Analysis and exploitation of transcriptomic signatures of patients infected with respiratory viruses for repositioning drugs for new antiviral therapeutic indications  



Acute respiratory infections (ARIs) are caused by many pathogens and among them, respiratory viruses hold a very privileged place. Epidemiological studies have highlighted numerous cases of infections caused by rhinoviruses, adenoviruses, pneumoviruses (Respiratory Syncytial Virus and Human Metapneumovirus) or even coronaviruses, but also influenza and parainfluenza viruses. Young children and immunocompromised or elderly people are considered at risk populations, but no age group is spared from these viral respiratory infections. These remain a major cause of consultations, hospitalizations and deaths in both developing and industrialized countries. They are the leading cause of death in young children (more than 2 million deaths per year) and their annual direct cost to our societies is estimated at 2.5 billion euros. Despite this, the therapeutic and / or prophylactic arsenal is very scarce except for influenza viruses, but remains nevertheless limited. The emergence of influenza strains resistant to the few antivirals on the market is indeed a source of major concern, as is the protection conferred by annual vaccines which is sometimes suboptimal, due to the variability of seasonal viral strains.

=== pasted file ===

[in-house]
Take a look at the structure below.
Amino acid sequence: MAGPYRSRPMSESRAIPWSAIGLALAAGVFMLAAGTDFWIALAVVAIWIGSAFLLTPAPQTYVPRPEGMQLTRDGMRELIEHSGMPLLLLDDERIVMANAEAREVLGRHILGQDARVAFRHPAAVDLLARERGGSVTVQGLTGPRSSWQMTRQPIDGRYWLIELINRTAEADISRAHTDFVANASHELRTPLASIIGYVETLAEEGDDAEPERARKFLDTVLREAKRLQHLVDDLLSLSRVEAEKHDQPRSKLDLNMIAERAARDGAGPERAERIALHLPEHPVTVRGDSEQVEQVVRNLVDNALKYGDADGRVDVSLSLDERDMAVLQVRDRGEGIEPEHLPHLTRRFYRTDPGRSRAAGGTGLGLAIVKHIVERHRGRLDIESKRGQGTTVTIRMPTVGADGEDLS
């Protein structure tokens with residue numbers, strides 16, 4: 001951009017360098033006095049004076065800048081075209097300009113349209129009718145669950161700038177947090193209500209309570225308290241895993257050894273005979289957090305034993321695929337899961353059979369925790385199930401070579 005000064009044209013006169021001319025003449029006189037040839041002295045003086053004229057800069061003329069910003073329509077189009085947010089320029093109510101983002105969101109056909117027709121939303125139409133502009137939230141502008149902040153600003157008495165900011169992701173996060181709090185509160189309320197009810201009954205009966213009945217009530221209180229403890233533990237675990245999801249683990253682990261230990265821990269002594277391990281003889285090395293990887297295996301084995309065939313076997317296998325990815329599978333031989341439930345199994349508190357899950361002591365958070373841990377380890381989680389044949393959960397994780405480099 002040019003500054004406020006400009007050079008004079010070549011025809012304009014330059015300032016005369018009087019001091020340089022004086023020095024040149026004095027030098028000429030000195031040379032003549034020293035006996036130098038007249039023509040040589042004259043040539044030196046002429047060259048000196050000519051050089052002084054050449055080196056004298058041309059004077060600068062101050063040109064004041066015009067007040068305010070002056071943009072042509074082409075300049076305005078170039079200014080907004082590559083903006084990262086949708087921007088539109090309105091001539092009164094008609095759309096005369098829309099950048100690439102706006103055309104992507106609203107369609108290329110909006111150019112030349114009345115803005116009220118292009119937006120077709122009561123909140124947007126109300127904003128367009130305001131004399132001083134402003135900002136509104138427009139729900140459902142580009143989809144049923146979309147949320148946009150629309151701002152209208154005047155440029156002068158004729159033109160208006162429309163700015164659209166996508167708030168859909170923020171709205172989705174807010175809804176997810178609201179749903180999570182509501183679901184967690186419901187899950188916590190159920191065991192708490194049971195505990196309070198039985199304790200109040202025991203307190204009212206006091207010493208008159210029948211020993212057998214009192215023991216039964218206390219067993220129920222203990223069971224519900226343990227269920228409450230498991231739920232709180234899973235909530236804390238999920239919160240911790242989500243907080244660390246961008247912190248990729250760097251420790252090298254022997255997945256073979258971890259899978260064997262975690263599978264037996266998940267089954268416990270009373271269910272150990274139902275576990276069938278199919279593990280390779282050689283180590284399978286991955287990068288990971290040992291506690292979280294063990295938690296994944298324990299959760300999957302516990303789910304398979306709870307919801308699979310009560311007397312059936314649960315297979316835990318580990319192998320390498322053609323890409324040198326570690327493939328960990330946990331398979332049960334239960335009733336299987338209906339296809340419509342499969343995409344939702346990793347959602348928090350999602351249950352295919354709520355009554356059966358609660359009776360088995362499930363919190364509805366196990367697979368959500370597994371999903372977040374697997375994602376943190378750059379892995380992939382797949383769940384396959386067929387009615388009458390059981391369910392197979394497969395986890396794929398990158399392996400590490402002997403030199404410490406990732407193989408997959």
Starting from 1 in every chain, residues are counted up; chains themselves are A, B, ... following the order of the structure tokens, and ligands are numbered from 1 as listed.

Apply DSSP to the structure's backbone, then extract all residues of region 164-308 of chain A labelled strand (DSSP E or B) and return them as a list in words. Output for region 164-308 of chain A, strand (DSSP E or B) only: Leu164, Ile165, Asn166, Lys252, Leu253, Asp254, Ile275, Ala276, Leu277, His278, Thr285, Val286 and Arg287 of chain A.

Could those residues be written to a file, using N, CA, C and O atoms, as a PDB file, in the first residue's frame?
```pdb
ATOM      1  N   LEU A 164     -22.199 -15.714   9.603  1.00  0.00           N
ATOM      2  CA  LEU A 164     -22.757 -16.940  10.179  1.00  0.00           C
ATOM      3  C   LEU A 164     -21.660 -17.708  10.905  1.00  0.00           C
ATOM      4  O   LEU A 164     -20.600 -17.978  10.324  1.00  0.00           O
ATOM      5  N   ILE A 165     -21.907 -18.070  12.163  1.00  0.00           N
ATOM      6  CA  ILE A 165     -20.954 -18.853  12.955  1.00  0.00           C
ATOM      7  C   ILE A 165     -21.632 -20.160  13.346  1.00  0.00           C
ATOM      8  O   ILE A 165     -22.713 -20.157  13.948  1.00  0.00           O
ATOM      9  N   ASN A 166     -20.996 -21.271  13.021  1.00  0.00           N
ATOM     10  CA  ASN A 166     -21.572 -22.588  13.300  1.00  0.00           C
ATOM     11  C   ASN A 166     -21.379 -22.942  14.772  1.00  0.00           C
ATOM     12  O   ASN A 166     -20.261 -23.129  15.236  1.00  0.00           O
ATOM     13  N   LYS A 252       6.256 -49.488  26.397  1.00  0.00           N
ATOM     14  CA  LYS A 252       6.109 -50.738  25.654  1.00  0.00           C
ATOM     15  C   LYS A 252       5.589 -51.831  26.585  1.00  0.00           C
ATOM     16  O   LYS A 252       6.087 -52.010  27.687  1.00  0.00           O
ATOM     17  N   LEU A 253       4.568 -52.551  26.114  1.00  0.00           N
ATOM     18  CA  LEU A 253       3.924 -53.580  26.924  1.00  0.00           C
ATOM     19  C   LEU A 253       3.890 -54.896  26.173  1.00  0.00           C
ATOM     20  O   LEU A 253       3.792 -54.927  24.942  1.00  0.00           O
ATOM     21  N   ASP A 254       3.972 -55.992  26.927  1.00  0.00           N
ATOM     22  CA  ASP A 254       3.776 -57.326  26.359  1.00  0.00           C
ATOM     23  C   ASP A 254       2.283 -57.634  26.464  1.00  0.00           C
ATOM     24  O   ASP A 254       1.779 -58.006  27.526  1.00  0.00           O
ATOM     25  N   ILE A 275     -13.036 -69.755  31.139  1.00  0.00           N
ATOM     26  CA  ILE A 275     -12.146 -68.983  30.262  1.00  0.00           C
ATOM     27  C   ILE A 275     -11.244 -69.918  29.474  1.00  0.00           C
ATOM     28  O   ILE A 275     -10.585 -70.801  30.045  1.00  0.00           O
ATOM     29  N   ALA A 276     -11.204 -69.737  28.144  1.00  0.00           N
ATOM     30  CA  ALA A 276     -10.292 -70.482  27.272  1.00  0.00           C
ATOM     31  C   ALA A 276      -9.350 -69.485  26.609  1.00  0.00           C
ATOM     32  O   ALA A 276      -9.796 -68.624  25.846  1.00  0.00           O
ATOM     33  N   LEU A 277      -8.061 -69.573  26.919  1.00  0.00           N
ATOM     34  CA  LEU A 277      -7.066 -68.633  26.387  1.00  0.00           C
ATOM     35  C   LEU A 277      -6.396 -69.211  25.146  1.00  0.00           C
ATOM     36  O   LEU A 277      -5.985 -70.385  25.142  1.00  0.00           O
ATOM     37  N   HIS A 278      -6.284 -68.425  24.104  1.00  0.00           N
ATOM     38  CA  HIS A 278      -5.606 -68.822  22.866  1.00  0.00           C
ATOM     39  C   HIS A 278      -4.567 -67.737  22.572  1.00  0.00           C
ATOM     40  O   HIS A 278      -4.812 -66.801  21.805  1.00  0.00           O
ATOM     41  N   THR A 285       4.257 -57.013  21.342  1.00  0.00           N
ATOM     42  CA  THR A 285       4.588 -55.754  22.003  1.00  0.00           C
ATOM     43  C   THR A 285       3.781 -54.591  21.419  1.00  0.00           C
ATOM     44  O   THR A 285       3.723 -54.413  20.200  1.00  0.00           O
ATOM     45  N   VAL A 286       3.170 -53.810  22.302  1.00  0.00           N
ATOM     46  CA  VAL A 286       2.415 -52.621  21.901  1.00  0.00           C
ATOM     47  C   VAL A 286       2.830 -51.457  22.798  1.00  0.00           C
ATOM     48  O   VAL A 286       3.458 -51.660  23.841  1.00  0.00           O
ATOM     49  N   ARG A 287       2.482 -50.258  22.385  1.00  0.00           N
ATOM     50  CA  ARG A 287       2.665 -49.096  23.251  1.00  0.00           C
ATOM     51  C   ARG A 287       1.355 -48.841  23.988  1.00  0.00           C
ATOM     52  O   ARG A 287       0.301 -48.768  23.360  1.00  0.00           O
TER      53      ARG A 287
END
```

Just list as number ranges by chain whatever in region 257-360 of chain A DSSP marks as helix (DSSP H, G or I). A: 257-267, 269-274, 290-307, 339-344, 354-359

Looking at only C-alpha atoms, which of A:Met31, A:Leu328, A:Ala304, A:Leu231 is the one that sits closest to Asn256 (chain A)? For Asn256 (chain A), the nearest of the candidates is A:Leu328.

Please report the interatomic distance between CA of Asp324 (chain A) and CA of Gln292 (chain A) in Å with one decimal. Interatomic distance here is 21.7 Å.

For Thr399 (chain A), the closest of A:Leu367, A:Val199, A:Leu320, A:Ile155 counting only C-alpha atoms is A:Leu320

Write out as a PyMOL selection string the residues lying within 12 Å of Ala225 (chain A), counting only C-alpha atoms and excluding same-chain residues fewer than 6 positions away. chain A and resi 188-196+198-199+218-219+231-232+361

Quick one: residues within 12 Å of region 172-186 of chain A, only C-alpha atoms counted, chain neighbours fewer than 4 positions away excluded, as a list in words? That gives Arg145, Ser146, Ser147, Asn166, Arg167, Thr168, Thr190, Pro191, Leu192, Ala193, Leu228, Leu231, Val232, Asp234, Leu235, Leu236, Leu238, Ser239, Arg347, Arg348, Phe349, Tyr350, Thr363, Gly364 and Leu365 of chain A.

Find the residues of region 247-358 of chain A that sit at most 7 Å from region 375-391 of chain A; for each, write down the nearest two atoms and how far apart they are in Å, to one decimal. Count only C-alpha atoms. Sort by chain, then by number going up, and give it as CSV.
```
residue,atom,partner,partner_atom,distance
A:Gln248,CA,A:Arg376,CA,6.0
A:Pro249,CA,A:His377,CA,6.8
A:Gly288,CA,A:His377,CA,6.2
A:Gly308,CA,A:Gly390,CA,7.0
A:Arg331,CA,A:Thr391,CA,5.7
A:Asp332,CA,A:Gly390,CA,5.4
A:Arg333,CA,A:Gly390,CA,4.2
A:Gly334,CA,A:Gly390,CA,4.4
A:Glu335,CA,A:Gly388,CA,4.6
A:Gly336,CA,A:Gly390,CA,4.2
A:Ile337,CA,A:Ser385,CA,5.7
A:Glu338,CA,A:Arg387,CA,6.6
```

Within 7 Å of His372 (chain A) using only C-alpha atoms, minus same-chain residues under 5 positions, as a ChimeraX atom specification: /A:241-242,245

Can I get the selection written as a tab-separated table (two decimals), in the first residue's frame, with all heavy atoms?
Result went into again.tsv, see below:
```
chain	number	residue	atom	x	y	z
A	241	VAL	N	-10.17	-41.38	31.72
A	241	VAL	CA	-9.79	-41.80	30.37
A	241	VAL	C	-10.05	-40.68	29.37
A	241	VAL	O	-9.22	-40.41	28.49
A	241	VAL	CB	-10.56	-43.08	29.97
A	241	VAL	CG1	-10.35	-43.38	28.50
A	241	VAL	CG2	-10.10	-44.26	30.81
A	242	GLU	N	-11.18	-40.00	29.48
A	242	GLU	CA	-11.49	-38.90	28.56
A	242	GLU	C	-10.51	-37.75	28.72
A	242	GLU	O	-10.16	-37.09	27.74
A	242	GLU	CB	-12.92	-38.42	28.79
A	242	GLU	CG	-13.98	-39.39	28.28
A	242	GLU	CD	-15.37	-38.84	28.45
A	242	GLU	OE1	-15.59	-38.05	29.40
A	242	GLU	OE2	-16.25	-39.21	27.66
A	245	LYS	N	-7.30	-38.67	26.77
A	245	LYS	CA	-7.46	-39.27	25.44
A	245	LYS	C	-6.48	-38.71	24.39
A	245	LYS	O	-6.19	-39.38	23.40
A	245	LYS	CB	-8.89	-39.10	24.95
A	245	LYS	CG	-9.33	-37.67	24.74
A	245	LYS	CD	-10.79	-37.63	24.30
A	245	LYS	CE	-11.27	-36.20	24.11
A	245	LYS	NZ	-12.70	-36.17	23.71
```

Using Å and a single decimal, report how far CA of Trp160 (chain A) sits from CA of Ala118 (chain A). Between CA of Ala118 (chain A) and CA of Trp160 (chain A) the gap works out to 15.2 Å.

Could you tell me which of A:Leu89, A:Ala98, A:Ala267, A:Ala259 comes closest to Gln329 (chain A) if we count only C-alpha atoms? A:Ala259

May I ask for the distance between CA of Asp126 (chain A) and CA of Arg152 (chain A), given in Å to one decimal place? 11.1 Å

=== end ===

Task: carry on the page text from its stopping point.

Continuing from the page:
In this context of unmet medical needs and major health and economic issues, my thesis work was part of a research program (RESPIROMIX) which proposes an innovative strategy for the development of antivirals, based on the repositioning of drugs already on the market for new anti- infectious therapeutic indications. My work focused on the characterization and exploitation of transcriptomic signatures of in vivo (bank of biological samples from infected patients) and in vitro (model of human respiratory epithelium cultivated at the air / liquid interface) infections, obtained by hybridization on Affymetrix chips and by high throughput sequencing (NGS), respectively. Our informed choice of tools and the implementation of an adapted and optimized pipeline enabled the differential and functional analyses of these virogenomic signatures, as well as their comparison with a set of chemogenomic signatures, from the Connectivity Map database (CMap). This database is a collection of expression data from human cells in culture treated or not with small bioactive molecules (more than 7 000 gene expression profiles corresponding to 1 309 compounds).